Defense Date

2015

Document Type

Thesis

Degree Name

Master of Arts

Department

English

First Advisor

A. Bryant Mangum, PhD

Second Advisor

Katherine Saunders Nash, PhD

Third Advisor

Thom Didato, MA

Abstract

Scholars and literary enthusiasts have struggled for decades to account for editor Maxwell Perkins’s unparalleled success in facilitating the careers of many of the early twentieth century’s most enduring and profitable writers, among them F. Scott Fitzgerald, Ernest Hemingway, and Thomas Wolfe. This study seeks to penetrate that mystery by dissecting Perkins’s editorial practice and examining how he navigated the competing tensions between commercial success and aesthetic integrity in various circumstances. At play in the construction of his literary legacy are prevailing perceptions of authorship, complex interpersonal relationships, and the inherent battle between art and commerce. Focusing on his day-to-day activities, it is apparent that Perkins was guided by a unique editorial double vision—the propensity to appreciate the aesthetic experience while retaining the critical detachment necessary to appraise a literary work from a commercial standpoint—when solving the paradoxical dilemmas inherent in modern publishing.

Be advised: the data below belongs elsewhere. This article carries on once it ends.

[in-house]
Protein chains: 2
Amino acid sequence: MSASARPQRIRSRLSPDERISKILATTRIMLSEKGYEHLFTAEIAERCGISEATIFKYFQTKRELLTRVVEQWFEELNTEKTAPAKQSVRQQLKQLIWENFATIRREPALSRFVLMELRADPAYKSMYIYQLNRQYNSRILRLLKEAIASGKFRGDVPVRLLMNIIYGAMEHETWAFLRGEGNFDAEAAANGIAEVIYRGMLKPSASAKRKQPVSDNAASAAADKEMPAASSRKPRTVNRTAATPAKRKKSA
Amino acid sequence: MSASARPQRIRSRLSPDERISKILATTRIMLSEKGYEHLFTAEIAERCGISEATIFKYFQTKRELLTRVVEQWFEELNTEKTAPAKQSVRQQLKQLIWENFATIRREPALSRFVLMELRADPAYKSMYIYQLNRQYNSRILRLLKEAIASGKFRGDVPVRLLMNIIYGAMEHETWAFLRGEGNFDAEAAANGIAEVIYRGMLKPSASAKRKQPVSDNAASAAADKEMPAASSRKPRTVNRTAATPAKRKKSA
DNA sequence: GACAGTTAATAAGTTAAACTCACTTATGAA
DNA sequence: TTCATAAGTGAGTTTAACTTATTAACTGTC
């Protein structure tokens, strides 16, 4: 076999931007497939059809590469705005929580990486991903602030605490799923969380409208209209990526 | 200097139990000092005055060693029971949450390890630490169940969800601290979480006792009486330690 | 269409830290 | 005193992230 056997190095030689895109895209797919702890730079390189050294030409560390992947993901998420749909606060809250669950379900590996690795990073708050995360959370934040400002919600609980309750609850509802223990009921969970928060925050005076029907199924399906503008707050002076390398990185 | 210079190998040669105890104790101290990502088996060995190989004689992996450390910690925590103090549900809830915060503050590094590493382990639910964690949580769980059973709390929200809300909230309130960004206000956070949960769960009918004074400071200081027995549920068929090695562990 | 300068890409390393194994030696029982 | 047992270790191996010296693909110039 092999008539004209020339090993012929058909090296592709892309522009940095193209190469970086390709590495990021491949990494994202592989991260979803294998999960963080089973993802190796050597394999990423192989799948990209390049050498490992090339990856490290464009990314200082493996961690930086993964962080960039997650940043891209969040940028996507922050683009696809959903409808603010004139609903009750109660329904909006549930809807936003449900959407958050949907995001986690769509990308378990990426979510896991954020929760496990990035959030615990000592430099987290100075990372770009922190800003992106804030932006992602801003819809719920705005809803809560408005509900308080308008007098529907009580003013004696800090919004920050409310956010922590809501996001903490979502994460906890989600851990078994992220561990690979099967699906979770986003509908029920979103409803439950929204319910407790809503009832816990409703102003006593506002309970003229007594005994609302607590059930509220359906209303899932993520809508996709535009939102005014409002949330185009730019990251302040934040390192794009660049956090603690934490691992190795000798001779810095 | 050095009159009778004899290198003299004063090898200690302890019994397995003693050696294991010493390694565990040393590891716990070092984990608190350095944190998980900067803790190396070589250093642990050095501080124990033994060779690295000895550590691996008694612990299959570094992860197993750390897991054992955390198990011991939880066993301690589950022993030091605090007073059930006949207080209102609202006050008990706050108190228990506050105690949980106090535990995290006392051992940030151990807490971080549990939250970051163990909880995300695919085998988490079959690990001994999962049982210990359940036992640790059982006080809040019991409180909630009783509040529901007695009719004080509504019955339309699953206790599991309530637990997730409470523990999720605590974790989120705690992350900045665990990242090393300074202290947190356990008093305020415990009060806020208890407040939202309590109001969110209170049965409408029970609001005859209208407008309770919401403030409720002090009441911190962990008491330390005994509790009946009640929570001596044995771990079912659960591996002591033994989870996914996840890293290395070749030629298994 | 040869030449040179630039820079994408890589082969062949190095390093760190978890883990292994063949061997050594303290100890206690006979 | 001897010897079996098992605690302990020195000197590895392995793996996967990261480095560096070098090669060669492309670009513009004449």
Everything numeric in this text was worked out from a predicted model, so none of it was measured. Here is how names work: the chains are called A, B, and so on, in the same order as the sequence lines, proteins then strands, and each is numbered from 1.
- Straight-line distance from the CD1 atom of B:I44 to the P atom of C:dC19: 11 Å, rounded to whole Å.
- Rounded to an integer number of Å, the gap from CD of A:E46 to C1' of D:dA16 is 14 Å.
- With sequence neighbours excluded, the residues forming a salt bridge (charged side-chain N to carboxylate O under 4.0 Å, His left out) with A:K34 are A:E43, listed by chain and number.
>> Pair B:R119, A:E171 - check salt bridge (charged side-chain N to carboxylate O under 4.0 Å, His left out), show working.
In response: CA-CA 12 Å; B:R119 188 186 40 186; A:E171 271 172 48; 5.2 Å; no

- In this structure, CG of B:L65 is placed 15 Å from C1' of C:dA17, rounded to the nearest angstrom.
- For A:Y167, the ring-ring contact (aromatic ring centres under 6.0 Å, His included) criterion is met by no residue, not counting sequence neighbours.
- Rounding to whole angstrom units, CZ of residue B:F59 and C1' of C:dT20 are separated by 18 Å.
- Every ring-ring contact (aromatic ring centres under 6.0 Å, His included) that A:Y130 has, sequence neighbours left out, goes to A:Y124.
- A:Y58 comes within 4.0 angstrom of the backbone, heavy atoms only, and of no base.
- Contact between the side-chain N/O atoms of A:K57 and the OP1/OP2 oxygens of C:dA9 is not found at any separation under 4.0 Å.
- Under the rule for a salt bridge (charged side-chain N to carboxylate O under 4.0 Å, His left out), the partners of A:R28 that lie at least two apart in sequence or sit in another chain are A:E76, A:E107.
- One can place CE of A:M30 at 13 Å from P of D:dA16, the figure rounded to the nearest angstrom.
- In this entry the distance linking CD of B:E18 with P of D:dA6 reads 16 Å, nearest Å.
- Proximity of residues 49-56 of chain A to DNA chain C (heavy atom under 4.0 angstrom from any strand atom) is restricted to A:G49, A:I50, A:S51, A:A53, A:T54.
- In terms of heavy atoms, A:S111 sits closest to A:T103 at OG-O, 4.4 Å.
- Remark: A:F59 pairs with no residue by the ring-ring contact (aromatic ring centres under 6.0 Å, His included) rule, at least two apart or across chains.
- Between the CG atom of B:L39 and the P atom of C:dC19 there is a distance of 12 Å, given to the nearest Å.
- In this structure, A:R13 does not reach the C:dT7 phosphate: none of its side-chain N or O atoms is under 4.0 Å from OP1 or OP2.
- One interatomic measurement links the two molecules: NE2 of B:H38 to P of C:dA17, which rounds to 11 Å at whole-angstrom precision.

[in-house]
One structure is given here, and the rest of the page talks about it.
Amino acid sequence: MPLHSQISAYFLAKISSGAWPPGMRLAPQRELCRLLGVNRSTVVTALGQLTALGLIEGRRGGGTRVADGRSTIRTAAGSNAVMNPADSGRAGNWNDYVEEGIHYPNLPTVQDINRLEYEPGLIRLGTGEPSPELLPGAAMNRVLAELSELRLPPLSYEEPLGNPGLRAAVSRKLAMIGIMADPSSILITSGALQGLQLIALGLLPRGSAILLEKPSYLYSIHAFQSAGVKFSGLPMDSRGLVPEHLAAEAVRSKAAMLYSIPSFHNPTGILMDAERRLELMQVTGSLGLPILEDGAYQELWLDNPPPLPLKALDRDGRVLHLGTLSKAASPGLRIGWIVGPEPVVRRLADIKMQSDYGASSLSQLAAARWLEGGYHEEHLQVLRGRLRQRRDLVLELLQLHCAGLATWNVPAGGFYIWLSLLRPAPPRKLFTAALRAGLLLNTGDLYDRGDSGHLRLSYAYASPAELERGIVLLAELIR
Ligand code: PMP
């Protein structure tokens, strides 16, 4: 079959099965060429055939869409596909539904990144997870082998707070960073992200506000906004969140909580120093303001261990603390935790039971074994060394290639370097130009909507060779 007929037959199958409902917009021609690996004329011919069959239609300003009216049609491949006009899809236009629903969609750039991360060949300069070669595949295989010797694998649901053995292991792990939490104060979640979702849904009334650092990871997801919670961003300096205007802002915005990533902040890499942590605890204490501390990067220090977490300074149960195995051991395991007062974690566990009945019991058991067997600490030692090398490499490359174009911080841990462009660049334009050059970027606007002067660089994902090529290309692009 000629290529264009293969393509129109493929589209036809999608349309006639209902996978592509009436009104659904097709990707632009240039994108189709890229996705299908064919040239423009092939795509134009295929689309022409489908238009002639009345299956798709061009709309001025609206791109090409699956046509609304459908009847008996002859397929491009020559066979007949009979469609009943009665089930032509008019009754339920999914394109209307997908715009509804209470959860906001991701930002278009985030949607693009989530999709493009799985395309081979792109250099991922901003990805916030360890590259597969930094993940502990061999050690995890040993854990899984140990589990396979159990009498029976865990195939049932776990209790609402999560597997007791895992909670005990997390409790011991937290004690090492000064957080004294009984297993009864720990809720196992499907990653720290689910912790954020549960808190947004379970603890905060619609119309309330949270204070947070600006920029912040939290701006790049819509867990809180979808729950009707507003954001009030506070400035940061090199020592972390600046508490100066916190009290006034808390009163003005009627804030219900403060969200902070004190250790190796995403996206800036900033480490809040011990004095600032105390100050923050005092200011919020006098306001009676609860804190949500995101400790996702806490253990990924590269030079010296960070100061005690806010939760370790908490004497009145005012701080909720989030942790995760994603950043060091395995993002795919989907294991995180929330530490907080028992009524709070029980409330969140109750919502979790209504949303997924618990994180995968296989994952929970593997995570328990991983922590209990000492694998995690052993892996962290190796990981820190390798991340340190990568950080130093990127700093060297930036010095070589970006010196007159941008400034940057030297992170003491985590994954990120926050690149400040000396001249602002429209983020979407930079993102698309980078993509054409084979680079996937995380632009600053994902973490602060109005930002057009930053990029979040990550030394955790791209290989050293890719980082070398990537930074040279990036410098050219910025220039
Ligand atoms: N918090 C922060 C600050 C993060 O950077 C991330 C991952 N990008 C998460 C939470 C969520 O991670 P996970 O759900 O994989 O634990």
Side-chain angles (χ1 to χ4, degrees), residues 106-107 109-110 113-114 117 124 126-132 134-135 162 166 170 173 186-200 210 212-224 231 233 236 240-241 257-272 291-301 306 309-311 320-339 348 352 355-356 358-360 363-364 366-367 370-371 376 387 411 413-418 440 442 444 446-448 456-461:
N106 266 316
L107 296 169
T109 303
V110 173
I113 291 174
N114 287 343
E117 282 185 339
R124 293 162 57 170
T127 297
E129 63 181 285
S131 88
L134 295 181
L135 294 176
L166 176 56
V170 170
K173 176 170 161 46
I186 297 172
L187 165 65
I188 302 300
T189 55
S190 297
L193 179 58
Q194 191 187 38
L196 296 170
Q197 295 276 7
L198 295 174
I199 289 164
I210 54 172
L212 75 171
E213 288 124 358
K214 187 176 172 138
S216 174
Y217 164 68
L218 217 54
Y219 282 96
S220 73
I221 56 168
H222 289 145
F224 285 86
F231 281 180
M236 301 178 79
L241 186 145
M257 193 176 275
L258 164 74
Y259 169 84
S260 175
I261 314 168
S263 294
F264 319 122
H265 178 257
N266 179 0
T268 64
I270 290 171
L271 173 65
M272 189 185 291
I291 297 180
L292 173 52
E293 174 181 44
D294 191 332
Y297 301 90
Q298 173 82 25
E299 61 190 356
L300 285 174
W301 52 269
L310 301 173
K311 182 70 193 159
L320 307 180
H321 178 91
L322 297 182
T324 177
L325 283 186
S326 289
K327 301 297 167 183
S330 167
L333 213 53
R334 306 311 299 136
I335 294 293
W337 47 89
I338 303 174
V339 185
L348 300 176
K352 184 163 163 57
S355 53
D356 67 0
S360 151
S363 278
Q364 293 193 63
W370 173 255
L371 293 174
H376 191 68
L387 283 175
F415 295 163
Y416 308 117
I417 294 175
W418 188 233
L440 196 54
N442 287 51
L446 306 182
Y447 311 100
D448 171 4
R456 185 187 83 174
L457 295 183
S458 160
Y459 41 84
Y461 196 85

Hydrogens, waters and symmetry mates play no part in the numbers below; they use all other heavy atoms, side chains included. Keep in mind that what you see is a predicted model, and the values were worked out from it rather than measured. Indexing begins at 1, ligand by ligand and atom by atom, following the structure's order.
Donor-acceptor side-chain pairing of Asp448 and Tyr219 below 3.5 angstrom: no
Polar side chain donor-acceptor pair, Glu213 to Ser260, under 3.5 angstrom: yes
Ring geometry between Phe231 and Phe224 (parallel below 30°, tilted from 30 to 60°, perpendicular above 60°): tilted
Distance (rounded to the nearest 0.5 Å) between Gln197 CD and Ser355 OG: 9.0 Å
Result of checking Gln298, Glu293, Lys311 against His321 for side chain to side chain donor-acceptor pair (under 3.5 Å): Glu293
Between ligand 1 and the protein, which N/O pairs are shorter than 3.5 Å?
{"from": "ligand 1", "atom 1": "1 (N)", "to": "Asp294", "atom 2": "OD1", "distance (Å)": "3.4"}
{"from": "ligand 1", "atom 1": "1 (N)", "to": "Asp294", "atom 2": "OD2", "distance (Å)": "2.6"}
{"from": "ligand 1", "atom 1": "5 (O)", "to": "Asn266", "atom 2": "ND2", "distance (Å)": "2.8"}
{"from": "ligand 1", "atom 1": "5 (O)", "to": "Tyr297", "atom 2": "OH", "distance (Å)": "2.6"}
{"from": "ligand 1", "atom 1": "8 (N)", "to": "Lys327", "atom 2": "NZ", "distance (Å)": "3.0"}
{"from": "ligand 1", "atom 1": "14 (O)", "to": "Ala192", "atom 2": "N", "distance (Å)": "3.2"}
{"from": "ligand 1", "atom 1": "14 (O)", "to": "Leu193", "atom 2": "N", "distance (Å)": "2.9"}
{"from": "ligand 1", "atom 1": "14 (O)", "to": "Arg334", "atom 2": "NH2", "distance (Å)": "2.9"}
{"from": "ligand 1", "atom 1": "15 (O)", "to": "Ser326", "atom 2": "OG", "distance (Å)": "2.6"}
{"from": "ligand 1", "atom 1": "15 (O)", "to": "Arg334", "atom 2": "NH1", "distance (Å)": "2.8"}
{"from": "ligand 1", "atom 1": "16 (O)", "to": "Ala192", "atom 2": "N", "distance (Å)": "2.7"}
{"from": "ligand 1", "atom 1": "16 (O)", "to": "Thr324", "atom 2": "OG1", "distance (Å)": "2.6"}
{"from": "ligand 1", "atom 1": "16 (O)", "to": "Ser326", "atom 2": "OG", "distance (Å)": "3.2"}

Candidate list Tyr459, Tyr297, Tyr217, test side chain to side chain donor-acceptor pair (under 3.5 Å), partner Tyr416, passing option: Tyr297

Rights

© The Author

Is Part Of

VCU University Archives

Is Part Of

VCU Theses and Dissertations

Date of Submission

5-4-2015